It’s time for another esports fan report!
Armada wins the Summit 2
Last edition we spoke about the upcoming Summit 2 (Super Smash Bros. Tournament) being held in sunny Los Angeles. Since that release, the tournament has ended and a champion has been crowned.
The Swedish God: Adam “Armada” Lindgren took home the grand prize with by winning both sets against the streaking Juan “Hungrybox” Debiedma. Coming through the lower bracket, Armada made quick work of his opponents to face Hungrybox’s famed Jigglypuff in the finals. After an intense first set that was back and forth, Armada seemed to get on another level in the 2nd set and made quick work of Hungrybox.
This victory means that Hungrybox’s impressive streak of 1st place titles has come to an end as it’s his first non-first finish since early January when he placed 3rd at “Genesis 3”.
Both of these impressive players will be attending ELGX in Toronto, from April 29 to May 1. Perhaps if we’re lucky, we’ll see these two in a rematch.
Manila Major invites roll out
The last major Dota 2 tournament before The International 6 takes place, is the anticipated Manila Major in early June. With a fresh patch and a massive shift in the meta, the prospect of this tournament is shaping up to be one of the most exciting to date.
Valve took the time to explain their decision making process for their invites to this major and like previous iterations, they still do not have a “specific formulaic approach” when it comes to their choices. A lot of different factors are included when it comes to a team earning a direct invite — roster stability, tournament results, and ability are all considered. To what end? Valve won’t say.
While many of the teams that were invited seemed to have merit, one stood out to the community as unworthy of such a privilege — LGD Gaming. Their abysmal performance at the Shanghai Major, recent results and the roster shuffle all seemed to indicate that this team would not get invited. However, it looks like the brand and history of the franchise was enough to warrant the invite from Valve.
With the disaster of the previous Shanghai Major behind them, Valve hopes that their first southeast Asian tournament is a success.
Ex LoL pro starts a player resources organization
Together with an esports lawyer, former League of Legends professional player Stephen “Snoopeh” Ellis has founded a non-profit organization geared towards providing professional players resources.
The official name for the organization is the Esports Player Resource Center (PRC) and its goal is to offer potential and current professional players a resource for understanding the complicated world of endorsements, contracts and finance.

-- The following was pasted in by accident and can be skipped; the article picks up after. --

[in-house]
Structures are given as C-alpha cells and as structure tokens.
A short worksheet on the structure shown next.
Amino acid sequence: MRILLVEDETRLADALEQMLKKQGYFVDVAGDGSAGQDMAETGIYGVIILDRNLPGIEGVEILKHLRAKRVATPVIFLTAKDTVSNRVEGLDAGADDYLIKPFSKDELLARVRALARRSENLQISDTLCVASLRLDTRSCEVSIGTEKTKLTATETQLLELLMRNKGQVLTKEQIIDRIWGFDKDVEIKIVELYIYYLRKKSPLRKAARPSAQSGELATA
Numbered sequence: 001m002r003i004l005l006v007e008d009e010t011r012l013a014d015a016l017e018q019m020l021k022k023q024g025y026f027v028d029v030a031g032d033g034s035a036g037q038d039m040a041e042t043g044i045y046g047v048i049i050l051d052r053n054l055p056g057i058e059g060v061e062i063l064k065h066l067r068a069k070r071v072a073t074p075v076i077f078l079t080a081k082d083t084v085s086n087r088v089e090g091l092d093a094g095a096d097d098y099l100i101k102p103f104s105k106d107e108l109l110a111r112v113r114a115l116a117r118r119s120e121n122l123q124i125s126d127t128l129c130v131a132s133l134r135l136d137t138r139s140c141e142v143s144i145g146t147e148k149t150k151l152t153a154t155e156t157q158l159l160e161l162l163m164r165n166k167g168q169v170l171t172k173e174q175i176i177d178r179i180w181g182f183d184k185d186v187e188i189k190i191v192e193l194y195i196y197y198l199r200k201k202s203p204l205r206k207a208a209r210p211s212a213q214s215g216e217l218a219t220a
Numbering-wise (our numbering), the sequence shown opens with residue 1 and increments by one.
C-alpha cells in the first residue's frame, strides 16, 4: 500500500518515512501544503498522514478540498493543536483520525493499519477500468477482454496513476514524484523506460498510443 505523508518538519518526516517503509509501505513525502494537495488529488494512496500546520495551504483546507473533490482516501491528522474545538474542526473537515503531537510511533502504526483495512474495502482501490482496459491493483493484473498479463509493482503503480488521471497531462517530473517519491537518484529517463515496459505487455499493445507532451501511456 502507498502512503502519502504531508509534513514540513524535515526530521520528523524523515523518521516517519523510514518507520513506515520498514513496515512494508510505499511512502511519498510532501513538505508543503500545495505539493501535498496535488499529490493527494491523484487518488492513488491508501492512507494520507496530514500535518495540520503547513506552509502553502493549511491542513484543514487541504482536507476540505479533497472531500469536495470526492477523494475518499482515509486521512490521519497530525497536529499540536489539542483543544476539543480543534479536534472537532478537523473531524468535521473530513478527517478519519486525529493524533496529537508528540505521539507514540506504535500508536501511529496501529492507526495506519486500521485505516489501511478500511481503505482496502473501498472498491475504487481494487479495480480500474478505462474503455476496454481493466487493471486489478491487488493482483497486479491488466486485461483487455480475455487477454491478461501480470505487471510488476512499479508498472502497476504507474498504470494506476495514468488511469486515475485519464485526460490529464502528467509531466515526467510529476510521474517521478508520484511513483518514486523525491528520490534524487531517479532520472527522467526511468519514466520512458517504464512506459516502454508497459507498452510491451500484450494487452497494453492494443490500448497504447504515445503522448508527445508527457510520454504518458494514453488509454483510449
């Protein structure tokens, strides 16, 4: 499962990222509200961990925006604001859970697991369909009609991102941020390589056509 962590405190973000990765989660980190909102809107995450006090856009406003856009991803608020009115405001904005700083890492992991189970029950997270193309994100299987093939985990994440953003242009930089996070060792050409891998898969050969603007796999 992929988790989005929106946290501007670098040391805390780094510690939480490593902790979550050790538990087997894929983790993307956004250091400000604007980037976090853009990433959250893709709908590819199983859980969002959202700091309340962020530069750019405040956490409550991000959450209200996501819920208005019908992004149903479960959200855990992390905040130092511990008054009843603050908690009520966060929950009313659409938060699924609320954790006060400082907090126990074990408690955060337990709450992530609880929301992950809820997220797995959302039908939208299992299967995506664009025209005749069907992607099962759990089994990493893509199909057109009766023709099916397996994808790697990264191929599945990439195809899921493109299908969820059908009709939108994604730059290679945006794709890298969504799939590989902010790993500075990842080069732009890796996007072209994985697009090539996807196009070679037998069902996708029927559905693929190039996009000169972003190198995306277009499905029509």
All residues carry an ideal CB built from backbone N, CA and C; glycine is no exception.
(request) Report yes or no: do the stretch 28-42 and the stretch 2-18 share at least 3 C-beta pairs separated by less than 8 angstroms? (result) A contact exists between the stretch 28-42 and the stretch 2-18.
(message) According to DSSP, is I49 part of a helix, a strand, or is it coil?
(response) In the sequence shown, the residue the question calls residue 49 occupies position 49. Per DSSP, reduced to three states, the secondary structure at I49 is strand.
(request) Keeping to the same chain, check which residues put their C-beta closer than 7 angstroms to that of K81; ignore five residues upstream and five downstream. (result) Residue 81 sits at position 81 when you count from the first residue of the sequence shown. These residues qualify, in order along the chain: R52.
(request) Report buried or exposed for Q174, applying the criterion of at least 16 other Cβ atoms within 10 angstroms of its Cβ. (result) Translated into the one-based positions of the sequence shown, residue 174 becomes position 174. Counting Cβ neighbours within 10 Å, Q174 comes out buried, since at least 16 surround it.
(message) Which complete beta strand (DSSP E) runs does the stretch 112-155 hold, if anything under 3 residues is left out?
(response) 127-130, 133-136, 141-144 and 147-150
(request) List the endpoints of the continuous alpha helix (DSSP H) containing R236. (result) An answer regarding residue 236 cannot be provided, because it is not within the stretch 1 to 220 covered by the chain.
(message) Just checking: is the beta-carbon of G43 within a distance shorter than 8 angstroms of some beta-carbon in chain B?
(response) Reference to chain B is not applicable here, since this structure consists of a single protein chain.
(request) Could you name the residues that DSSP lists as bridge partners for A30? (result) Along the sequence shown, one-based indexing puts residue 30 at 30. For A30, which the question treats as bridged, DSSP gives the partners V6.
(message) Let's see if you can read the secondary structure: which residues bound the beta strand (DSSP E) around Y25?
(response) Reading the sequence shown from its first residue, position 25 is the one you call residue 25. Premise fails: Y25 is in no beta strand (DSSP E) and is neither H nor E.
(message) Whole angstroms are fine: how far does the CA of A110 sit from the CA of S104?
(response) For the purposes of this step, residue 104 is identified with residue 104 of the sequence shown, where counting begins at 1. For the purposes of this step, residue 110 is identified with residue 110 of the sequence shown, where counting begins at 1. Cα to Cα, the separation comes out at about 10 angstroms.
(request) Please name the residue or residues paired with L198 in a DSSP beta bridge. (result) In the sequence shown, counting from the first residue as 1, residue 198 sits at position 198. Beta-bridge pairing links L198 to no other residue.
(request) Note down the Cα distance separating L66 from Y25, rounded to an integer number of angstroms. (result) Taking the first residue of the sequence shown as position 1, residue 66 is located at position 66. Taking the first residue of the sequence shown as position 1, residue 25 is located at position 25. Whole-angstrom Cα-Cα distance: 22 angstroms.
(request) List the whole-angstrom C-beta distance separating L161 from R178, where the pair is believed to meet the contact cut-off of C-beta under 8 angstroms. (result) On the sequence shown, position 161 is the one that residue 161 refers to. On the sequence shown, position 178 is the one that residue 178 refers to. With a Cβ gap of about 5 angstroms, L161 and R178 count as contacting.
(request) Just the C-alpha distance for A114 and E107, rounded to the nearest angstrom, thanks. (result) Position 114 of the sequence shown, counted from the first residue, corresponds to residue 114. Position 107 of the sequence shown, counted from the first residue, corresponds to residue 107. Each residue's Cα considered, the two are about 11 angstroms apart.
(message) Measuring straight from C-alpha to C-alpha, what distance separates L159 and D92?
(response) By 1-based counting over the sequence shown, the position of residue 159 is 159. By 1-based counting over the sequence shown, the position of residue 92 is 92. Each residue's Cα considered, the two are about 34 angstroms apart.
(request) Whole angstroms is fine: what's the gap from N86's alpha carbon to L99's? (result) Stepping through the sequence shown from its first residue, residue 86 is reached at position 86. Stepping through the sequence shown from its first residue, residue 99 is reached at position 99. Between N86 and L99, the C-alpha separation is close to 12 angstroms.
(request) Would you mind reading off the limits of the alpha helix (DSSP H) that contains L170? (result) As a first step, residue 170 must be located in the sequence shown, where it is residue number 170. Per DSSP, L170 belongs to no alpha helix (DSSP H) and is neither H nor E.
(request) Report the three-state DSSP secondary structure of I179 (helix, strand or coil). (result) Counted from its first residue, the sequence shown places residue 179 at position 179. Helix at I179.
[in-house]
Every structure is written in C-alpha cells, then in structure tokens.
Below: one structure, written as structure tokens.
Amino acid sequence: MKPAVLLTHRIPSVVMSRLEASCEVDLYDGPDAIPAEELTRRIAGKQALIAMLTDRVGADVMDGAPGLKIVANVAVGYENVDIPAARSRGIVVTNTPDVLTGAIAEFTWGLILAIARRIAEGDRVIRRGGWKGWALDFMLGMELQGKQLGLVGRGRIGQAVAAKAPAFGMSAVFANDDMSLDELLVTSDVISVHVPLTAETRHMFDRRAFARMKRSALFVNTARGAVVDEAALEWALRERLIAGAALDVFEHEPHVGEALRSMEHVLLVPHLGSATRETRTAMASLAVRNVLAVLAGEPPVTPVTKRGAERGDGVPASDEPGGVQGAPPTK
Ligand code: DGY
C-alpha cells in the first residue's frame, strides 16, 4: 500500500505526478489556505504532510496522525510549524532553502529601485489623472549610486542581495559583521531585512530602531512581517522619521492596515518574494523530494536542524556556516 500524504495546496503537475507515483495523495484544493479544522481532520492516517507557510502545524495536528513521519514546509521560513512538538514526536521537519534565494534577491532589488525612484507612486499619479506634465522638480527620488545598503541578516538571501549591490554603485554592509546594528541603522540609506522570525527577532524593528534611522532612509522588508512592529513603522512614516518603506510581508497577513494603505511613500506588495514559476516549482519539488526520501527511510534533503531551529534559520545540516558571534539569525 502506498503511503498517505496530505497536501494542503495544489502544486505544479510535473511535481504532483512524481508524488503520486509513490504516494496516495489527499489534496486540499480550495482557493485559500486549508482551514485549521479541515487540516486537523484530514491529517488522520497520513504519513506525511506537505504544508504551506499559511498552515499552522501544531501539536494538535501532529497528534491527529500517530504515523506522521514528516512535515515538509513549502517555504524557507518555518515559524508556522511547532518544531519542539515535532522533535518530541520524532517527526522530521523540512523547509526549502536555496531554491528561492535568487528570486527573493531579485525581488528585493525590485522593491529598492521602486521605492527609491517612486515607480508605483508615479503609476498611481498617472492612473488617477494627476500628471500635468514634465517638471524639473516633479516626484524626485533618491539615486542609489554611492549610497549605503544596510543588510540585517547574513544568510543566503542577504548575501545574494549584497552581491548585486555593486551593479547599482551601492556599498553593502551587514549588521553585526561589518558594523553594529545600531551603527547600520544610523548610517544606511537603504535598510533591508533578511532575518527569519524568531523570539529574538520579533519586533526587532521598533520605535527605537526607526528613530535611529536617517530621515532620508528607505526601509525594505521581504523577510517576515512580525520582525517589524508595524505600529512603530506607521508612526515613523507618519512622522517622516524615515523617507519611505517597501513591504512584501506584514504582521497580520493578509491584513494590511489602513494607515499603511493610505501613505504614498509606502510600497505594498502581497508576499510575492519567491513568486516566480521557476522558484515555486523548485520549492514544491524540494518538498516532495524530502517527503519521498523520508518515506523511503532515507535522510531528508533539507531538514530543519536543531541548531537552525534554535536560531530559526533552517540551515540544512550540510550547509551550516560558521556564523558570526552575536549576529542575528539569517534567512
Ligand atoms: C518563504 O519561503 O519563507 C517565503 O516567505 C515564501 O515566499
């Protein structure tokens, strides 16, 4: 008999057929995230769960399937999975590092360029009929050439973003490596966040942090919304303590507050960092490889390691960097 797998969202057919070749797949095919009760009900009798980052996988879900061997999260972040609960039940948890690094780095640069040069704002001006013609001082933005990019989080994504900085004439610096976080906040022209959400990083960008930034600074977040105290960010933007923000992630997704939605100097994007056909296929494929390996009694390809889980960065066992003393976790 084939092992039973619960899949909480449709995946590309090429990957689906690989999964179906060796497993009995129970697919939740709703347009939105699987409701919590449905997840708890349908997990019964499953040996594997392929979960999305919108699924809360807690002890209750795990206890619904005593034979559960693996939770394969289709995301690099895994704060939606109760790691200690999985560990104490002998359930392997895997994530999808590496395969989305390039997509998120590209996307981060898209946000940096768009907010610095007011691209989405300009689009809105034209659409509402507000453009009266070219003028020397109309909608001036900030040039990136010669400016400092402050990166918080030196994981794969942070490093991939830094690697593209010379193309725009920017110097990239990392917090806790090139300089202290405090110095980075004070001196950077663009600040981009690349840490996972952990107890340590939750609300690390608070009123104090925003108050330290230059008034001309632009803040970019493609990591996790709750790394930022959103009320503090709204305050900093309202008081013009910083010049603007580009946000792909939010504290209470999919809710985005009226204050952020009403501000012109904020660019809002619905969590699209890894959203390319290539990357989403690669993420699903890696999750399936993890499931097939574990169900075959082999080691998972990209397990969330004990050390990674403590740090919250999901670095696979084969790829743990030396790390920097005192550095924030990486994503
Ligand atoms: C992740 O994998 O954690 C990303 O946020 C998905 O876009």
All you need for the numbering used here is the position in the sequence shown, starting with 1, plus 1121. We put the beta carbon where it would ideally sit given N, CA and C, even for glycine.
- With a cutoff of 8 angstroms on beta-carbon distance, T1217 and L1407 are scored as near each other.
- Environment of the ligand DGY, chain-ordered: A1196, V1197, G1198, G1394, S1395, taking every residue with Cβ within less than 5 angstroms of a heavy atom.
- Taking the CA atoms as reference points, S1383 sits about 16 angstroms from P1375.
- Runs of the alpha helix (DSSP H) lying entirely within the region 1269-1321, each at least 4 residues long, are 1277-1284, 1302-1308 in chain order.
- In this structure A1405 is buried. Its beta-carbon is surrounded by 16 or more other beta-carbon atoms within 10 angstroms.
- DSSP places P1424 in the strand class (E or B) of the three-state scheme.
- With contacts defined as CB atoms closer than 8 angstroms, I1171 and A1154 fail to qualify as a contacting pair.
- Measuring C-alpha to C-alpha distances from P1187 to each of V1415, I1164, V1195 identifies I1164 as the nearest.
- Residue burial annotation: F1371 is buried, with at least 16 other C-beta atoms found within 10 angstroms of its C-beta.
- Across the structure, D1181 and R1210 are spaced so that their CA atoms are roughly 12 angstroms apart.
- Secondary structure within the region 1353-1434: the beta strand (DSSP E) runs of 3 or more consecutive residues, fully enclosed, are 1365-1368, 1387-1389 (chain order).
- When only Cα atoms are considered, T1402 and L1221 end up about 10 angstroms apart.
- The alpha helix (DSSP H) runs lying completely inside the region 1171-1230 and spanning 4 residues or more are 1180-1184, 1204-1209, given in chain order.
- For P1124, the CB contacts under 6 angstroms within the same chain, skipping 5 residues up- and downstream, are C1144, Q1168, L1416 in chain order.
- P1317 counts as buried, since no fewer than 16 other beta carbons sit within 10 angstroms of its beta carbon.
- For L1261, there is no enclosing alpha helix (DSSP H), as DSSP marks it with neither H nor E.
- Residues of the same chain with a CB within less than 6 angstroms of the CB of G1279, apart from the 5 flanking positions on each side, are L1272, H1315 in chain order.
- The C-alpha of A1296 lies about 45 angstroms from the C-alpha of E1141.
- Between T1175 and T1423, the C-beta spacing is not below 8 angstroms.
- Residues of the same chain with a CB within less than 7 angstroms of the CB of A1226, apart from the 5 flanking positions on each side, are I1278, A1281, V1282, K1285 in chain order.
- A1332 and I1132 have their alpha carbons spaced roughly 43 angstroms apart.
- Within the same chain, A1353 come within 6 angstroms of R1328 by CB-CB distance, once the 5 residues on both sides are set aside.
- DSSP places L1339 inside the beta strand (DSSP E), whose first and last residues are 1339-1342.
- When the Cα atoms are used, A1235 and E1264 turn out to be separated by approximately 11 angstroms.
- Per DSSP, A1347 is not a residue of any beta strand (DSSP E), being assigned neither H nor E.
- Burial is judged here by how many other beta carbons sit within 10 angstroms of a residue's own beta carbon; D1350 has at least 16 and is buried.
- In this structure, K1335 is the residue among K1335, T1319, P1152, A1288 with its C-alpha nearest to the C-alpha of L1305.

To make matters clear, Ellis wants it to be known that this is not a players union, simply a tool for those who are in need of advice. With millions of dollars being thrown at young adults for their video game talents, this sort of initiative is a welcome addition to the esports scene. Let’s hope more resources like these become available to young esport stars.
Infiltration wins Red Bull Kumite
More Street Fighter V news, this time from the recent Red Bull Kumite tournament in Paris, France.
South Korean Street Fighter pro Lee “Infiltration” Seonwoo (Nash) continued to show his dominance by taking down Hajime “Tokido” Taniguchi (Ryu) once again in the grand finals. This is the third time in as many tournament entries that Infiltration has won. Furthermore, in all of his grand final appearances, he’s had to play against Tokido.
After a sluggish start that saw Infiltration lose the first set 2-0, he came storming back to take the overall match 3-1, taking home yet another trophy.
No doubt we’ll be seeing these two at the highly anticipated EVO tournament this July.
Cloud 9 expands it’s roster to the LoL Challenger Series
In a puzzling move, current League of Legends Cloud 9 player Hai “Hai” Du Lam has announced that he’ll be stepping down from the Cloud 9 LCS team and perhaps take some of the current C9 roster with him to a challenger team.
This is a confusing career move for a couple of reasons — Why would a competitor who has played at the highest level of competition voluntarily or want to play against a lower level. It’s as if an NBA player decided to go play in the D-league — It’s unheard of.
Some reasons that were thrown around include Hai’s eagerness to improve talent within the North American scene and groom potential candidates for the Cloud 9 roster. Other speculations pertain to the player’s staleness skill wise or a lack of motivation. Perhaps this new role will reignite the Cloud 9 captain’s excitement for the game.
Interested in getting into Hearthstone? Already a dedicated player? Professional Hearthstone player, Thijs Molendijk has been publishing some highlights from his stream. His commentary and decision making will surely provide some insight into what it takes to become a better player. Enjoy!